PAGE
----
Ulster Bank halts action of Dublin developers

Ulster Bank has won a High Court order preventing the developers of a Dublin retail park from proceeding with an action in which it was claimed the bank contrived a situation in order to call in €24m loans.

Komady Ltd, owned by James Flynn and members of his family, along with business partner Michael O’Reilly, last year failed to get the court to continue an injunction stopping a receiver selling Belgard Retail Park in Tallaght.

Its tenants include B&Q, Mothercare, and Halfords.

Ulster Bank then applied to have the entire action struck out as unsustainable and an abuse of process.

Mr Justice Raymond Fullam yesterday said he was satisfied to grant the bank’s application to dismiss the action.

He said there was a failure to establish a prima facie case of bad faith in relation to the bank exercising its contractual right to demand repayment of the loans of €24.2m each given to Komady and Mr O’Reilly in 2005 to refinance loans from Anglo Irish Bank for the retail park.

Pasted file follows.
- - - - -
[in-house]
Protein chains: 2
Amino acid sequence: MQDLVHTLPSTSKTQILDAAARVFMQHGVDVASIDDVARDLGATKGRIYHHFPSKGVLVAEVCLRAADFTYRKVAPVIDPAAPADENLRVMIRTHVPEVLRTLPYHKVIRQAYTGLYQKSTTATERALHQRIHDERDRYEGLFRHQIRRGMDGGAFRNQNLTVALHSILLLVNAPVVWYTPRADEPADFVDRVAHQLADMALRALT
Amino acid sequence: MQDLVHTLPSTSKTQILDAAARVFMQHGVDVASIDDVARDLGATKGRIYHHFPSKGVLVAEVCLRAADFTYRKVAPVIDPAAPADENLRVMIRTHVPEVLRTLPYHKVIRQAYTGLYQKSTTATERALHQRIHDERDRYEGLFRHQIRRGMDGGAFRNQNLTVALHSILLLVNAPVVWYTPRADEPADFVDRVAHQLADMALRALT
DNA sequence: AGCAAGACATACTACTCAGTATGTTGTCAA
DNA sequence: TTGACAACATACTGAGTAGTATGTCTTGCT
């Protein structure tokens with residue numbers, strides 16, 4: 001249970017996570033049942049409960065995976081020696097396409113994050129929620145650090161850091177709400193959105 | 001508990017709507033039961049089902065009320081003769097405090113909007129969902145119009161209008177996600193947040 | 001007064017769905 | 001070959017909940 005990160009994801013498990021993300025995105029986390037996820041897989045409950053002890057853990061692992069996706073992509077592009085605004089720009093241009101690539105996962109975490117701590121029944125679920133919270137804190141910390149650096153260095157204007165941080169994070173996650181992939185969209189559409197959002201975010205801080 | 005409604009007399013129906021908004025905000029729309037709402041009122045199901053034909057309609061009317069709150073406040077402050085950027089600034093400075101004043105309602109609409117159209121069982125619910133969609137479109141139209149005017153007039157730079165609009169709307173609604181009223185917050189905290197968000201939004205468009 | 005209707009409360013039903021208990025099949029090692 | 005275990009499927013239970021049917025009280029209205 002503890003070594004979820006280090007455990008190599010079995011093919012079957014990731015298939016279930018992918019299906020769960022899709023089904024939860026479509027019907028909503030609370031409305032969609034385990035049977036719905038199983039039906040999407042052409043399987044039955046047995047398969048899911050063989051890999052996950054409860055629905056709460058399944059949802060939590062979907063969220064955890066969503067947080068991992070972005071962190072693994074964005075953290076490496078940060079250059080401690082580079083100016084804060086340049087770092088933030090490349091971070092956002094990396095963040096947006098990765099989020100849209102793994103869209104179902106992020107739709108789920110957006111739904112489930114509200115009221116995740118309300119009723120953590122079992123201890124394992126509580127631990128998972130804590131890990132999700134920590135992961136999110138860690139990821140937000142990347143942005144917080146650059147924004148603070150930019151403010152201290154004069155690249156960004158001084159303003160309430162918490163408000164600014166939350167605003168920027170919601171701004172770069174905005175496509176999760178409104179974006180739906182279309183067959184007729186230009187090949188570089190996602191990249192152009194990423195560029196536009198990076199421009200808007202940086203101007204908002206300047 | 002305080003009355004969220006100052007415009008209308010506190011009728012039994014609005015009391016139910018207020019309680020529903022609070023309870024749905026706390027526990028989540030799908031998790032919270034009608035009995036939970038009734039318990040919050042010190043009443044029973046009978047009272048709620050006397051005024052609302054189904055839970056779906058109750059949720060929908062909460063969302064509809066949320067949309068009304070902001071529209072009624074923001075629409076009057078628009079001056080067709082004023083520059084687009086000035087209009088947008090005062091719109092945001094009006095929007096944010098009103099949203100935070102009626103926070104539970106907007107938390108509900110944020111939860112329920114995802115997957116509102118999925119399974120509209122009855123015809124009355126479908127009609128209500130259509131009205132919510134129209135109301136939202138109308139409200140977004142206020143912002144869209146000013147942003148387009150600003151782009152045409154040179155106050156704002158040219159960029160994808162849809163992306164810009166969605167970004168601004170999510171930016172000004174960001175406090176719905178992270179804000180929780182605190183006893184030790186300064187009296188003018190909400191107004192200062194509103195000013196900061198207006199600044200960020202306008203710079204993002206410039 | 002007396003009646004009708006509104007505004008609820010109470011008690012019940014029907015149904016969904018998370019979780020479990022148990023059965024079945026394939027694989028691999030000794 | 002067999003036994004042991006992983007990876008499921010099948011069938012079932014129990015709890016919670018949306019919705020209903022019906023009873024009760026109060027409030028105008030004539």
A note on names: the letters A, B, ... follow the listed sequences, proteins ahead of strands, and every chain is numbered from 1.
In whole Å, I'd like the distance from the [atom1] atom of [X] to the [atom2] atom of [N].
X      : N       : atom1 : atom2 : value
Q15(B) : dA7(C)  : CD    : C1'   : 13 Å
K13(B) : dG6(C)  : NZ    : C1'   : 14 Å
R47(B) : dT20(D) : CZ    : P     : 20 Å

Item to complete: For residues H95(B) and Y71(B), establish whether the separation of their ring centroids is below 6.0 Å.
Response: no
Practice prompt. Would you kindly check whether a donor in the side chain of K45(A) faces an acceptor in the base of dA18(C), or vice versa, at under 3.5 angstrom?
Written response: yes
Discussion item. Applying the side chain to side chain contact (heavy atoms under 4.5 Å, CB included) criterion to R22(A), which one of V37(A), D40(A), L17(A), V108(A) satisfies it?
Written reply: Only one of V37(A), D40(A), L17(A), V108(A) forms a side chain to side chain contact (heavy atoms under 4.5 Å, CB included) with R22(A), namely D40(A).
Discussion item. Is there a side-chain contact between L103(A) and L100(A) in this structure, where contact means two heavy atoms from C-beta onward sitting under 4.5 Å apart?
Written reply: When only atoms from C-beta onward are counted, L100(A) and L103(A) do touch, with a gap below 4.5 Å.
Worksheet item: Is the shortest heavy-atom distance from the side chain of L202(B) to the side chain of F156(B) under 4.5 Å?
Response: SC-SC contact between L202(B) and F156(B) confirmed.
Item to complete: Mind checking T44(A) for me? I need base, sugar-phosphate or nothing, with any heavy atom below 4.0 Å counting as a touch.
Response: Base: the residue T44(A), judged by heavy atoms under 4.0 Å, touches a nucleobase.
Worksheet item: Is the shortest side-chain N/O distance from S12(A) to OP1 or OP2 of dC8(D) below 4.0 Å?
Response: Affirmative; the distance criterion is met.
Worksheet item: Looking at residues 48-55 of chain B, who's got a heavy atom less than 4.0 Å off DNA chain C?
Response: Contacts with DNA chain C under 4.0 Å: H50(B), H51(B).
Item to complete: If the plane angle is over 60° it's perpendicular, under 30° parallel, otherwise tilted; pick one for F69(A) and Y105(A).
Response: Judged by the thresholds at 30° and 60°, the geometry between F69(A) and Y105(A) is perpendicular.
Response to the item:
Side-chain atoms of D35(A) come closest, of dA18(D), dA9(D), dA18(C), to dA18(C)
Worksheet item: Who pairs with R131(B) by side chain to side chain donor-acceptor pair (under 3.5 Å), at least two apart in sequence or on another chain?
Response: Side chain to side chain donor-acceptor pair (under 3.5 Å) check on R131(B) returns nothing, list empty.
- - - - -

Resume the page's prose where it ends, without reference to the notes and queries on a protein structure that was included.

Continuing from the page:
“There is no evidence the bank engineered a loan default on the part of the plaintiffs in this case,” he said.

The bank denied it contrived to manufacture a default situation to call in loans owed by Komady and Mr O’Reilly.

Lawyers for both claimed a site adjoining the retail park, over which the bank had also appointed a receiver, would increase in value by between €10m and €15m, if it and the retail park could be sold together.

Access to the other site would be via a right-of-way “ransom strip” through the retail park, the court heard.

In August 2014, the bank demanded immediate repayment of the loans which were advanced in 2005 to acquire the retail park.

When they were not paid, receivers were appointed. Komady and Mr O’Reilly obtained an interim injunction preventing the receiver selling the property but the court refused to continue this.

They had claimed the bank was not entitled to immediate repayment, that the loan repayments were being met, and the loan facility had another 10 years to run.

It was claimed the bank had an ulterior motive in calling in the loans in order to enhance the value of the adjoining site.

The bank claimed the plaintiffs were experienced developers, fully aware of their obligations.

Mr Justice Brian McGovern refused to continue the injunction, rejecting the claim of ulterior motive.

He said there was no issue to be tried.


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